Parishes combine efforts to provide Habitat home for family

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Wanda Howard and her grandson Brandon are the new owners of a home in the Village by the Creek subdivision in North Nashville being developed by Habitat for Humanity of Greater Nashville. Five parishes – Cathedral of the Incarnation, Christ the King, Holy Rosary, St. Henry, and St. Matthew – joined forces to help pay for and build Howard’s new home. Photos by KPL Photography

Five Catholic parishes came together to provide a new Habitat for Humanity home for Wanda Howard and her grandson Brandon. 

The home is in the Village by the Creek subdivision in North Nashville, Habitat for Humanity of Greater Nashville’s newest neighborhood. It and 17 other homes were dedicated on Sunday, Aug. 27.

Bishop J. Mark Spalding gave the Invocation blessing and parishioners who helped organize and work on the home attended to present the homeowners with a housewarming gift to help buy furniture for their new home.

With support from businesses, churches, schools, and other organizations, Habitat for Humanity builds affordable homes for area families. Future Habitat homeowners commit to 100 hours of classroom instruction learning how to budget and maintain their homes, and 70 hours on the build site building their home and their neighbors’ homes.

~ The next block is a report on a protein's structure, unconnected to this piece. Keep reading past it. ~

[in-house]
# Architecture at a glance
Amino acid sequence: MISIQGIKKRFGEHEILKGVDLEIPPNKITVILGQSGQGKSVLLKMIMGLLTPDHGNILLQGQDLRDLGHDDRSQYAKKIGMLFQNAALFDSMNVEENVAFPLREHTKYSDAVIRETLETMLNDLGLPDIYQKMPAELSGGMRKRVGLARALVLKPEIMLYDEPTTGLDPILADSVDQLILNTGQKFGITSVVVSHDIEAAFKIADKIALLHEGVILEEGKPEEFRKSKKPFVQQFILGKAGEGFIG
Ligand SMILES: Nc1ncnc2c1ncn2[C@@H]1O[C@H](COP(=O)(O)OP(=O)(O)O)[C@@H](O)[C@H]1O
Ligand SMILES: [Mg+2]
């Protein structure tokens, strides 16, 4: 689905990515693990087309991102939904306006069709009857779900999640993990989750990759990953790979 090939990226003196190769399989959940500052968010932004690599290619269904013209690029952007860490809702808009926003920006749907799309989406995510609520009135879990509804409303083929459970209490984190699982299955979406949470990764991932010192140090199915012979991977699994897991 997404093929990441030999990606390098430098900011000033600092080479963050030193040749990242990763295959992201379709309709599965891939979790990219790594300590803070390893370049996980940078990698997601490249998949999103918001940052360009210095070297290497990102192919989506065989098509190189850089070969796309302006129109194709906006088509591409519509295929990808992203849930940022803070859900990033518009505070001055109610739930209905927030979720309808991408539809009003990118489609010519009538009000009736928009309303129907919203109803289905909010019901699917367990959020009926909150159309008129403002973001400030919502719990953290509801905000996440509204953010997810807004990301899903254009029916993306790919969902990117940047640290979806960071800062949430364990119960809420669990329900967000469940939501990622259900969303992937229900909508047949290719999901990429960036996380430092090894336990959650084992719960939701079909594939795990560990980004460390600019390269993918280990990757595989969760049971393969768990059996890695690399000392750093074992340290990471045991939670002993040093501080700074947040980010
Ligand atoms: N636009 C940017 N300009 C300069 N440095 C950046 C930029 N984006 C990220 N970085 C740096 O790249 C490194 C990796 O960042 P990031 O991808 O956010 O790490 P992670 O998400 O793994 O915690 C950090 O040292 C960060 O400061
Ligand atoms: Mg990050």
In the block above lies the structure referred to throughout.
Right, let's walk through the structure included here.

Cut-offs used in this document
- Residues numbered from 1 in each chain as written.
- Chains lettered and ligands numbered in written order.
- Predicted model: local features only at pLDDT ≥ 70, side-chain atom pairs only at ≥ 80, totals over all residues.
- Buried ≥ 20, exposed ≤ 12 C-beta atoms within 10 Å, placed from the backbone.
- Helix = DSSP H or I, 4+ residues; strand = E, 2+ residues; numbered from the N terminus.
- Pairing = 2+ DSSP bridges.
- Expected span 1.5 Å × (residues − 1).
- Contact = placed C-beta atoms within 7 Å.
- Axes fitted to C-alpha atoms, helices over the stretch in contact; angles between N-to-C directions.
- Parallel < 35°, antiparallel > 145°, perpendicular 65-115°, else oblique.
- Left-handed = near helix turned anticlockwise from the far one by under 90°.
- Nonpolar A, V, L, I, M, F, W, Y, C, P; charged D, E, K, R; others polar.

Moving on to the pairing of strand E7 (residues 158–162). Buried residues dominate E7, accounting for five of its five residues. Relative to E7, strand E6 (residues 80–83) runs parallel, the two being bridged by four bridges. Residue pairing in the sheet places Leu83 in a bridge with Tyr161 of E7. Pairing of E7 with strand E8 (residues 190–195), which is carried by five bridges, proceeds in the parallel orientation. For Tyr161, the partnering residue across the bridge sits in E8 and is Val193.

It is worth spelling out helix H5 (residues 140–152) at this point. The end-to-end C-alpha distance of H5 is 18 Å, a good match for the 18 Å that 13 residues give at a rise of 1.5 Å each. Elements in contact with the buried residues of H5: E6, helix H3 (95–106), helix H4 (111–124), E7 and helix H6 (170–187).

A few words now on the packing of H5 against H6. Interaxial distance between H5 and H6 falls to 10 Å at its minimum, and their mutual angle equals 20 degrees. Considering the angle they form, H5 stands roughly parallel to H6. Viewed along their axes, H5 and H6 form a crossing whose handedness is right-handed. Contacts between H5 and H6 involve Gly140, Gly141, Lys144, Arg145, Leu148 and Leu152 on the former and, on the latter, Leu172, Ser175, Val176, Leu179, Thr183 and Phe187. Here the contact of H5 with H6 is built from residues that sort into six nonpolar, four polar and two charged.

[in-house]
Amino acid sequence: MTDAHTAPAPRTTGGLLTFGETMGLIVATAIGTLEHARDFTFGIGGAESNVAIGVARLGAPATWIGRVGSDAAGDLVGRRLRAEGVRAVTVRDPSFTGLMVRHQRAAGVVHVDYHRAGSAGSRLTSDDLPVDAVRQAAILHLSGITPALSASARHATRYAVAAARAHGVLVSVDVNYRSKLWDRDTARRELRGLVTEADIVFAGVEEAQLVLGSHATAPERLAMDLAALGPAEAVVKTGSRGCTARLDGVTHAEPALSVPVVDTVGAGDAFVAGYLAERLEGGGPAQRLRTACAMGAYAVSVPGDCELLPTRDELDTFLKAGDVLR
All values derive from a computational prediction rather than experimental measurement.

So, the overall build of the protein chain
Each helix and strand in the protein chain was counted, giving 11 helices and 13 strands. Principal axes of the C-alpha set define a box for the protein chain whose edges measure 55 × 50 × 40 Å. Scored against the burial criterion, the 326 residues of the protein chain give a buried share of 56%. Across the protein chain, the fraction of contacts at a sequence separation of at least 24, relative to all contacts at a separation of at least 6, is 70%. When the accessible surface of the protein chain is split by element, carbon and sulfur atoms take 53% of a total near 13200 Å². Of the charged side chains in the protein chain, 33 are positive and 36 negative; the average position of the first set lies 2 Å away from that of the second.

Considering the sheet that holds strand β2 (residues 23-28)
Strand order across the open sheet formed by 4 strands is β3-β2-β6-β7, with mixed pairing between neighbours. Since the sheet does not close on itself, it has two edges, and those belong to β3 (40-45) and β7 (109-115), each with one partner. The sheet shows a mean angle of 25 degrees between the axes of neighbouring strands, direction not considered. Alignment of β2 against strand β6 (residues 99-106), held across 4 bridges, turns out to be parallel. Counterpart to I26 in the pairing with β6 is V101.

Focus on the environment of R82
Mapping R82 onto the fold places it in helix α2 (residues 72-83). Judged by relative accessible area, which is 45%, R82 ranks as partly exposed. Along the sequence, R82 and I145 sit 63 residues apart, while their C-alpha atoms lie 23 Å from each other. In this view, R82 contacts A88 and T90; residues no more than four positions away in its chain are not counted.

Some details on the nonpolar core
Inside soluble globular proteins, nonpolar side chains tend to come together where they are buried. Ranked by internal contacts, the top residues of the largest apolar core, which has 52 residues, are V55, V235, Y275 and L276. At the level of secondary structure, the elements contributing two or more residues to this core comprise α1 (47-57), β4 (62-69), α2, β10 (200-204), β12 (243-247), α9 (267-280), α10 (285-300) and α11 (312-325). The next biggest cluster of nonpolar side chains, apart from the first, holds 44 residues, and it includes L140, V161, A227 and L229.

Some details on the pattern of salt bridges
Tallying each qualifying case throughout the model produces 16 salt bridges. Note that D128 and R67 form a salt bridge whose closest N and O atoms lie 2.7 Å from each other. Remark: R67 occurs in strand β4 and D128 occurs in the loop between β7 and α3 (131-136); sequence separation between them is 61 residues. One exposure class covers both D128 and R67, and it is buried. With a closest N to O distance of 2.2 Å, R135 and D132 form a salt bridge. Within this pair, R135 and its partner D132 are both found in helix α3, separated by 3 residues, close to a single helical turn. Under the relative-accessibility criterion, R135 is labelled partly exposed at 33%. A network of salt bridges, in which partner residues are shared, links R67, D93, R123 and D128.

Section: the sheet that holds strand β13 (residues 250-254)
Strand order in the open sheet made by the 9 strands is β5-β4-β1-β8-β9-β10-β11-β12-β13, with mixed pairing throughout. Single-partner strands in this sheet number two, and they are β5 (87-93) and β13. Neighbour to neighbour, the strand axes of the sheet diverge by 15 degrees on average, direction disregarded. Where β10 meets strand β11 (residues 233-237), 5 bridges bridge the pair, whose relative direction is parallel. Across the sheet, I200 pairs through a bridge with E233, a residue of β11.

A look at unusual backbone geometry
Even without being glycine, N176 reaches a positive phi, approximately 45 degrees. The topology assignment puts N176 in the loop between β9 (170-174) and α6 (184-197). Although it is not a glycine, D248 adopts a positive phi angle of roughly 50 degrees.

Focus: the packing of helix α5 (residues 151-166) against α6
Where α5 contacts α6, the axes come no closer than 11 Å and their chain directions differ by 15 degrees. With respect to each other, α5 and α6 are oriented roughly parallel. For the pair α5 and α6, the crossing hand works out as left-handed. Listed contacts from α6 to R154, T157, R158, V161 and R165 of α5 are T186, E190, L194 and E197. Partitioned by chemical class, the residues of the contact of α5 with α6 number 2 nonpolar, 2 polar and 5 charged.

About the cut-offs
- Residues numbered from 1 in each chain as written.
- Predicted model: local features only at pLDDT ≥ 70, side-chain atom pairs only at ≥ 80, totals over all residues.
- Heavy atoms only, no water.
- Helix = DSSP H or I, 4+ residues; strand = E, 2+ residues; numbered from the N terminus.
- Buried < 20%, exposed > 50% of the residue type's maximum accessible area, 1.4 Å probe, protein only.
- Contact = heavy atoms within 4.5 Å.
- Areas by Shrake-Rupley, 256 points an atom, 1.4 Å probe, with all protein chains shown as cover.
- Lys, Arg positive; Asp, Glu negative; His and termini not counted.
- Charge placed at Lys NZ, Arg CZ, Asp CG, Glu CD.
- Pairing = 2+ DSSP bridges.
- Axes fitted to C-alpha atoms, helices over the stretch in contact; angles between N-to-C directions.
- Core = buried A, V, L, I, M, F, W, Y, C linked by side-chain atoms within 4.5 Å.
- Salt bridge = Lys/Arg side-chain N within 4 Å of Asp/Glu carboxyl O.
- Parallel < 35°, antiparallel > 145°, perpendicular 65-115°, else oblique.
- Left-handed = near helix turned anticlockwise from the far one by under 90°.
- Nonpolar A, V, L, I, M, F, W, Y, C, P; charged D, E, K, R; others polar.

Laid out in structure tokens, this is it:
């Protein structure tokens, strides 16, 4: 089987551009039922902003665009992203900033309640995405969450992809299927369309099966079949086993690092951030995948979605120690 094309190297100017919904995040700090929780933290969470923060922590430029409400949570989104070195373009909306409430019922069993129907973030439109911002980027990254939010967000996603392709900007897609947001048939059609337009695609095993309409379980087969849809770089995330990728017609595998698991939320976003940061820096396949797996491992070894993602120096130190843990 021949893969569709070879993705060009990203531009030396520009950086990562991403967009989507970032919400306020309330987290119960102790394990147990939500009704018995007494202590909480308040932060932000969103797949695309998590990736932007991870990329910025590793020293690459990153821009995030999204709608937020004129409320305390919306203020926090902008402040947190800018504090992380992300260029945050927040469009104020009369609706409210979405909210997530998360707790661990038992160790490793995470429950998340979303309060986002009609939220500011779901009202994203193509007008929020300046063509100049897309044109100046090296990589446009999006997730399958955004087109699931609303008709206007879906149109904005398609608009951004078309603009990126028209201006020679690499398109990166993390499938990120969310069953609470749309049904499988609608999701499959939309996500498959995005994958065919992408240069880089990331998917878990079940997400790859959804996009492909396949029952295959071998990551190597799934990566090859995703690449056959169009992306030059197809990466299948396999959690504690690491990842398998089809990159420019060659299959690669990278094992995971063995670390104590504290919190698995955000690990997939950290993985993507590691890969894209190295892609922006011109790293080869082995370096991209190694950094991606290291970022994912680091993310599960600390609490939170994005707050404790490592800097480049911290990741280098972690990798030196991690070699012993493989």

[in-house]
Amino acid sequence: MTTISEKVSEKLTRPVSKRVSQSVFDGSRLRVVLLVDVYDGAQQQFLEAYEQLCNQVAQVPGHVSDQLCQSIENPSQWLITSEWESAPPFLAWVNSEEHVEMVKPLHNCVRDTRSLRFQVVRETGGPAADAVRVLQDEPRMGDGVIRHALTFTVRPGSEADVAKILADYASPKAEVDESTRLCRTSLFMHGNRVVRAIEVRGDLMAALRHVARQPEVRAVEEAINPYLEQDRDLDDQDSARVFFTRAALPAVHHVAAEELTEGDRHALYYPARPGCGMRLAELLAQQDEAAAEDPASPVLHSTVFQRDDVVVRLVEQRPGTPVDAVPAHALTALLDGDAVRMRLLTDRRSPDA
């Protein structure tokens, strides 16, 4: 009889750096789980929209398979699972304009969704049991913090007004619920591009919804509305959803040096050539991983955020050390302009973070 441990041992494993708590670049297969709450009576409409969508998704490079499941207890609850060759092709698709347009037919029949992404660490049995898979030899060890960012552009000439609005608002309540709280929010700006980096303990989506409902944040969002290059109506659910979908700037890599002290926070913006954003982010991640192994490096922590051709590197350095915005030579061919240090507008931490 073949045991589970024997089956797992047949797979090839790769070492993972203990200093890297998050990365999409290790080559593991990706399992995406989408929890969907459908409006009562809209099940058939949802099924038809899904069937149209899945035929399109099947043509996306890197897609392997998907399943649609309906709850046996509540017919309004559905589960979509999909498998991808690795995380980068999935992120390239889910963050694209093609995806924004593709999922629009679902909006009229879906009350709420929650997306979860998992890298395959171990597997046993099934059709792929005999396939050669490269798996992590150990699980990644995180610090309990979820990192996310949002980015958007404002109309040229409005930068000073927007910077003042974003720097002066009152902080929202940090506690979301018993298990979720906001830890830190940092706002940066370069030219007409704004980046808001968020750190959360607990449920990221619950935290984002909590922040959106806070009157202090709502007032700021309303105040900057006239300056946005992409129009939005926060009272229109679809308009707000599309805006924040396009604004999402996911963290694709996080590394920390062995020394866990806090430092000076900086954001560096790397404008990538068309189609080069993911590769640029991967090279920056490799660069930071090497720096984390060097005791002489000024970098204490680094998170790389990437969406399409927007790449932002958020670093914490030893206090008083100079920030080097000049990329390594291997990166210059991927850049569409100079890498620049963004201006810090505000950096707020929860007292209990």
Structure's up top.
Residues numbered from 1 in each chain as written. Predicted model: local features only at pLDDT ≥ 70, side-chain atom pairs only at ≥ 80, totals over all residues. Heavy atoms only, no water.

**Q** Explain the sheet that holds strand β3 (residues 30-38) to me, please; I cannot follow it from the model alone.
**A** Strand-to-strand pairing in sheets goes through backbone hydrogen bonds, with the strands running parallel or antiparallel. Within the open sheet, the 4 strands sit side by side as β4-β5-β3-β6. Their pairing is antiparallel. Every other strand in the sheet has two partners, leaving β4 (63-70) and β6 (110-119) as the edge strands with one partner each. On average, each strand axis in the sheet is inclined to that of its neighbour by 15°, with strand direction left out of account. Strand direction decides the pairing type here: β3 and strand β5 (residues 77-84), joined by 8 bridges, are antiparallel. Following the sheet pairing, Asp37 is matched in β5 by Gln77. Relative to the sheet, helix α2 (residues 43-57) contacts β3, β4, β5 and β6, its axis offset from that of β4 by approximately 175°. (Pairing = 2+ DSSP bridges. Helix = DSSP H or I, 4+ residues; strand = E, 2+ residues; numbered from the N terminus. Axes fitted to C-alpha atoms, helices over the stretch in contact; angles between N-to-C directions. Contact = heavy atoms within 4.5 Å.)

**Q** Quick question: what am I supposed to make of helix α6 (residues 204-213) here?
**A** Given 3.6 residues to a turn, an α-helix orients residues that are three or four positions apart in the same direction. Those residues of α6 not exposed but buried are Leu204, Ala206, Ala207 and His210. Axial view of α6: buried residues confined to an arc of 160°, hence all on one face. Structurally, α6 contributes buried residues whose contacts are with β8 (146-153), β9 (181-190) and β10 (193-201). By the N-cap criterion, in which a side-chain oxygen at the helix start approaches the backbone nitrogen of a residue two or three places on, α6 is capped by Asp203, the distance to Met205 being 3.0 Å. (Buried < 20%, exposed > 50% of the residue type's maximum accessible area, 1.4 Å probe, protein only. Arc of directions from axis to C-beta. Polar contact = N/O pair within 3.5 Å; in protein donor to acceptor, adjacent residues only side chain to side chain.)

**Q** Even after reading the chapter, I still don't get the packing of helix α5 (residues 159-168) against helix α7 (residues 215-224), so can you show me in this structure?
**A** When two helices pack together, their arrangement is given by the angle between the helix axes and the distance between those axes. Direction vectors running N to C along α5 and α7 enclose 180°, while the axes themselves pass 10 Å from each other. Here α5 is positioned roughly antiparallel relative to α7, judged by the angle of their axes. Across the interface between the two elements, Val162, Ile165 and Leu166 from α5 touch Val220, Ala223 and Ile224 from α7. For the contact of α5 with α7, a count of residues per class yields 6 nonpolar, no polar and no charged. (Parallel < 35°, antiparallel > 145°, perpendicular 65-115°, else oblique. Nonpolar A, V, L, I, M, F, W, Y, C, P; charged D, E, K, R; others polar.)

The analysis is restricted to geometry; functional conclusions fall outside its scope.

St. Henry Church, Christ the King Church, the Cathedral of the Incarnation, and Holy Rosary Church in Nashville, and St. Matthew Church in Franklin contributed volunteers and funds for this latest Catholic build.

A total of 150 volunteers participated in the build and worked on six different homes in the Village by the Creek neighborhood. The volunteers installed insulation, hung doors, installed baseboards, raised trusses, and painted.

“With median home prices in Nashville close to $500,000 it is important for working Nashvillians to know that homeownership is possible, and one of those pathways is Habitat for Humanity,” said Danny Herron, president and chief executive officer of Habitat of Greater Nashville. 

With housing prices 164 percent higher and wages only 15 percent higher, there are a lot of working Nashvillians who can no longer afford to live in this city, said Herron. “We are talking about teachers, firefighters, and hospitality workers to name a few, the infrastructure of a balanced and thriving city, who need to be able to live where they work.”

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